Just like China.

I won’t see Bolt bolt for his 200-meter record because another event is starting a half hour away at the Capital Gymnasium. The U.S. men’s volleyball team is to face Serbia. These are all big men with mean volleyball shots.

Maybe because it’s the last, maybe because this team has been through a lot — Coach Hugh McCutcheon’s father-in-law, Todd Bachman, was murdered on the Games first Saturday — I’m finding this the most compelling and exciting event of the day. I have some time to enjoy it, some time to relax, even with the palpable tension in the match.

A chanting, singing contingent of hundreds of Serbs gets the atmosphere going early. They jeer the Americans. It’s countered with choruses of “U-S-A! U-S-A!”

Men in cutoff T-shirts and shorts, jumping, diving, ramming the ball down each other’s throats. A sport that we in the United States simply don’t appreciate enough because it’s not one of “the majors.” And yet just about every member of the U.S. Olympic volleyball team spends six months a year in Europe, pulling down $500,000 or more to play for pro teams. This is a sport that deserves more.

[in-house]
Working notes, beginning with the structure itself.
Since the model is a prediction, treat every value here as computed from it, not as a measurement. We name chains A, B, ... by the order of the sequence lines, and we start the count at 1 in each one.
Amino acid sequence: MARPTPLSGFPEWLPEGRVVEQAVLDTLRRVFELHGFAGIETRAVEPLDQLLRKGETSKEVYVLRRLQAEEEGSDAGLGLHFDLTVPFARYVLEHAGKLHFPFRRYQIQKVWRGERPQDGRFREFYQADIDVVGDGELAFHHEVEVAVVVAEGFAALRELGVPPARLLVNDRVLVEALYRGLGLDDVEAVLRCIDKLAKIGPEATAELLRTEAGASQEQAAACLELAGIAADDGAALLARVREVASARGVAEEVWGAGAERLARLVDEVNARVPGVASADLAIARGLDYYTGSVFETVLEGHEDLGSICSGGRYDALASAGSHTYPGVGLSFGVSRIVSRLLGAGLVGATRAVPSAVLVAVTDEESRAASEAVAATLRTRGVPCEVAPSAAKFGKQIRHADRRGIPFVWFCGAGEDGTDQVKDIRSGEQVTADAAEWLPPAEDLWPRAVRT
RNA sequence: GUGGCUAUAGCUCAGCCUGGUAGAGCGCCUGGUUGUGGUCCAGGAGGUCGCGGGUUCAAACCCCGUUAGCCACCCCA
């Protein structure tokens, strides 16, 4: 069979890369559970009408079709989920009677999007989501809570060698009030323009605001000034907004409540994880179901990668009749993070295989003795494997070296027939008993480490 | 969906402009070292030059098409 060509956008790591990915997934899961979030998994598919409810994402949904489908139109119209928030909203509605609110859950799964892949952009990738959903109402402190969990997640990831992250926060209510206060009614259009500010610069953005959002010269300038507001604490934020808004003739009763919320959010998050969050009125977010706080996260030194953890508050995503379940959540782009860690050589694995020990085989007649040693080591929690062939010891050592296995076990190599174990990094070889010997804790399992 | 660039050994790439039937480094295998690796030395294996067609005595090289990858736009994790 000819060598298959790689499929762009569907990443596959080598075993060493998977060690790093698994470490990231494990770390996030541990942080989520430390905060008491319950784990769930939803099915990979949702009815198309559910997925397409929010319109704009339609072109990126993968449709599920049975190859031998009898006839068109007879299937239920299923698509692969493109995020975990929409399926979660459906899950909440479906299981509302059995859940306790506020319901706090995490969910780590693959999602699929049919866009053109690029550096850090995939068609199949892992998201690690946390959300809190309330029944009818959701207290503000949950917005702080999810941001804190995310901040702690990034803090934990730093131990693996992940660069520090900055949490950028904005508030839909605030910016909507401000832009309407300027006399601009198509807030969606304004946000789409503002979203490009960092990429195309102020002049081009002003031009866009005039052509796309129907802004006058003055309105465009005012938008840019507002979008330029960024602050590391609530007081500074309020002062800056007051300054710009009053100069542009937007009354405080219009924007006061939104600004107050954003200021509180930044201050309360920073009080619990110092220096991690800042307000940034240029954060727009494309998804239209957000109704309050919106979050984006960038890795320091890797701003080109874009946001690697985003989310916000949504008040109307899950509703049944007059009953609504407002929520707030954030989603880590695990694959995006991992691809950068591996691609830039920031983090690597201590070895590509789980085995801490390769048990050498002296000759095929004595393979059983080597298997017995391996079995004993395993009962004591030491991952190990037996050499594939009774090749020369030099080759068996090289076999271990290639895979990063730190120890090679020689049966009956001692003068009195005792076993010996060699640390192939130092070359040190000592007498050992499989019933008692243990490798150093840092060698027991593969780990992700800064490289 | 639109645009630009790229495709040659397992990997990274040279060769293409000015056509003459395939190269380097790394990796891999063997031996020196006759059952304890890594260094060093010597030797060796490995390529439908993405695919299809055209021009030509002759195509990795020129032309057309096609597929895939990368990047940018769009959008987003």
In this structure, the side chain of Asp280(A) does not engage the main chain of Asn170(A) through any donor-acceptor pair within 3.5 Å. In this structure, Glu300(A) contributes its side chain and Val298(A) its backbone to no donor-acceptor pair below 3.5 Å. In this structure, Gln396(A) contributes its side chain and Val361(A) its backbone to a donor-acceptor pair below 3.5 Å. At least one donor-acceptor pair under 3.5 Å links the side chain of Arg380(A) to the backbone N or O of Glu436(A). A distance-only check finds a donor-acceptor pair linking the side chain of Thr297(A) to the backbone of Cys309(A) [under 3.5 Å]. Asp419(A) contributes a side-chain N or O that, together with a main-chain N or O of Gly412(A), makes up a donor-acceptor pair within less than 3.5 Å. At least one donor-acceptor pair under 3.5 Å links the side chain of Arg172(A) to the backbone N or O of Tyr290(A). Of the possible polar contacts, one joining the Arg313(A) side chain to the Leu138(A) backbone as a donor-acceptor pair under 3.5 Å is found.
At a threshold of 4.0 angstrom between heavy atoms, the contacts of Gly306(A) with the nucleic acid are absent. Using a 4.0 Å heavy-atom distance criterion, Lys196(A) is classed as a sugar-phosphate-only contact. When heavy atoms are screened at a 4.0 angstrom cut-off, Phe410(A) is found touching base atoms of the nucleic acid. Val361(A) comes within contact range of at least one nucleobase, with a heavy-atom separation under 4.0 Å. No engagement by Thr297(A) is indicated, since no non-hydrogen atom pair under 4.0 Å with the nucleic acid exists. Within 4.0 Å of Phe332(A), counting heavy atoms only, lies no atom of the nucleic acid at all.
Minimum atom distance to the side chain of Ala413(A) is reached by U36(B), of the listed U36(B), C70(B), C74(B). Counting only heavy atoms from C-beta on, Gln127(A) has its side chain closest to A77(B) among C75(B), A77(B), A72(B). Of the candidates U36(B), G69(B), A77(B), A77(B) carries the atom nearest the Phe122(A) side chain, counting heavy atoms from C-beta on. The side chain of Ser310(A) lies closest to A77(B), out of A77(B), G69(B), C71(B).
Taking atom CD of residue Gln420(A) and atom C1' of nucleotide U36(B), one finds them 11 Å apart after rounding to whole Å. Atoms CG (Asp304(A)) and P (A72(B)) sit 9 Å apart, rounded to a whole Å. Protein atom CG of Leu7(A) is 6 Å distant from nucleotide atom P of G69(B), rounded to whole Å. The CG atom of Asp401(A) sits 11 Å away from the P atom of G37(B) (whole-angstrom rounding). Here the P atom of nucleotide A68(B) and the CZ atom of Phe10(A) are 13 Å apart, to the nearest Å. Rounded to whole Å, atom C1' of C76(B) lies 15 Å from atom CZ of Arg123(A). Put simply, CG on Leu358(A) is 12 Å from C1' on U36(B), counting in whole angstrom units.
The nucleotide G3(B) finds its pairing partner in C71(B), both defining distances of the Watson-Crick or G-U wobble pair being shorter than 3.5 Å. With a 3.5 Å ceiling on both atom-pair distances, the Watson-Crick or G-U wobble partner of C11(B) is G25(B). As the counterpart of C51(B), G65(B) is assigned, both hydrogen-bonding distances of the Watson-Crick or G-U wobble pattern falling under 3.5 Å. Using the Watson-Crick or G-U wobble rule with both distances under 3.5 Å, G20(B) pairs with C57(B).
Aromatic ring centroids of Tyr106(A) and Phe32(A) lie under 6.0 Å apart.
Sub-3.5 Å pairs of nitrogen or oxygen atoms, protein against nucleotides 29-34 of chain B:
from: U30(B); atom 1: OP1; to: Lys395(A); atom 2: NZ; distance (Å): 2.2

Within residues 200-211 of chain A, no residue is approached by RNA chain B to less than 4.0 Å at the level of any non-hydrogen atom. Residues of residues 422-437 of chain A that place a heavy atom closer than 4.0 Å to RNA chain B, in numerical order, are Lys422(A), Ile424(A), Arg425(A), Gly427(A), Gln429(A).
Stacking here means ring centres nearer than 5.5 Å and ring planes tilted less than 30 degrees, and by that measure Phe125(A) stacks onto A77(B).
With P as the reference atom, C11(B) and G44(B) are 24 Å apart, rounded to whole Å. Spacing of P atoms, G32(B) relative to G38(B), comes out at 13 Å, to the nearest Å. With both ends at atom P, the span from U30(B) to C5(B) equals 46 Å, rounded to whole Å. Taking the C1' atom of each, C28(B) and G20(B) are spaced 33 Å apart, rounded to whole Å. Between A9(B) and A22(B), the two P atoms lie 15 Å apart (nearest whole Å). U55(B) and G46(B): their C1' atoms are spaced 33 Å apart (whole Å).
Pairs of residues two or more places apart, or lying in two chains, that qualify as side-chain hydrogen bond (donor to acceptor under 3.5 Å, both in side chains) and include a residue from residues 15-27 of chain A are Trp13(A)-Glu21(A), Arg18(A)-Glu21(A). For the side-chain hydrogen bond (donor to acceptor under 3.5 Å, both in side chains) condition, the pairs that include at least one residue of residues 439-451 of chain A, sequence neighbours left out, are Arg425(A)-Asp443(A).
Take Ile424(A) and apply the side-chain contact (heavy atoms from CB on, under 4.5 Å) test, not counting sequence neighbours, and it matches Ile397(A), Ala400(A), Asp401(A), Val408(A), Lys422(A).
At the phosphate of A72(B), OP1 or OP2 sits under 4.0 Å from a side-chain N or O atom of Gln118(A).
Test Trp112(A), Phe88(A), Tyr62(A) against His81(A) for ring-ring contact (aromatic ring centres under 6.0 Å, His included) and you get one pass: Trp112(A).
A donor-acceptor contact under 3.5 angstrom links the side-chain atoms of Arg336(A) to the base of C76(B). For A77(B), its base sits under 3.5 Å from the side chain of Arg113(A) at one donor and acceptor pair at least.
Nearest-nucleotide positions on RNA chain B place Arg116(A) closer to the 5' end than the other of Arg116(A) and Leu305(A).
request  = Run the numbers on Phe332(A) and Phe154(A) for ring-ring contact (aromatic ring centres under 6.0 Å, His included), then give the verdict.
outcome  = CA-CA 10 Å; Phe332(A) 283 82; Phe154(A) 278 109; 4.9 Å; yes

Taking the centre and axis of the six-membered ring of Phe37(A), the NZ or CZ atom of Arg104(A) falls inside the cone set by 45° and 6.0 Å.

The match is nail-biting. It goes to the final and fifth game. The U.S. team prevails and heads into the medal round. It is terrific athleticism and competition. It is a perfect way to end my own Olympic marathon.

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Comments (2)

  1. Anonymous Submitted by Anonymous on 08/20/2008 - 05:05 pm.

    Not to diminish Natalie du Toit’s accomplishments, but she is not “the first disabled athlete to compete in the Olympics,” to use the writer’s phrase. Neither is she the first disabled athlete to compete at Beijing. Natalia Partyka, a congenital amputee from Poland, competed several days prior to du Toit.

    Du Toit’s publicity machine is certainly superior, no question about that.

    The first amputee known to have competed in the Olympics was George Eyser of the United States, who lost his leg in a train accident. He won six medals in gymnastics, including three gold, in the 1904 Olympics, despite competing with a wooden leg.

  2. Submitted by Jay Weiner on 08/20/2008 - 10:09 pm.

    Thanks for the comment. You are right about me using the term “disabled.” The IOC – not her “publicity machine” – calls her the first amputee to qualify for an Olympics. I don’t know the circumstances of Eyser’s participation. Partyka, according to the IOC was born without an arm.

    Correction noted.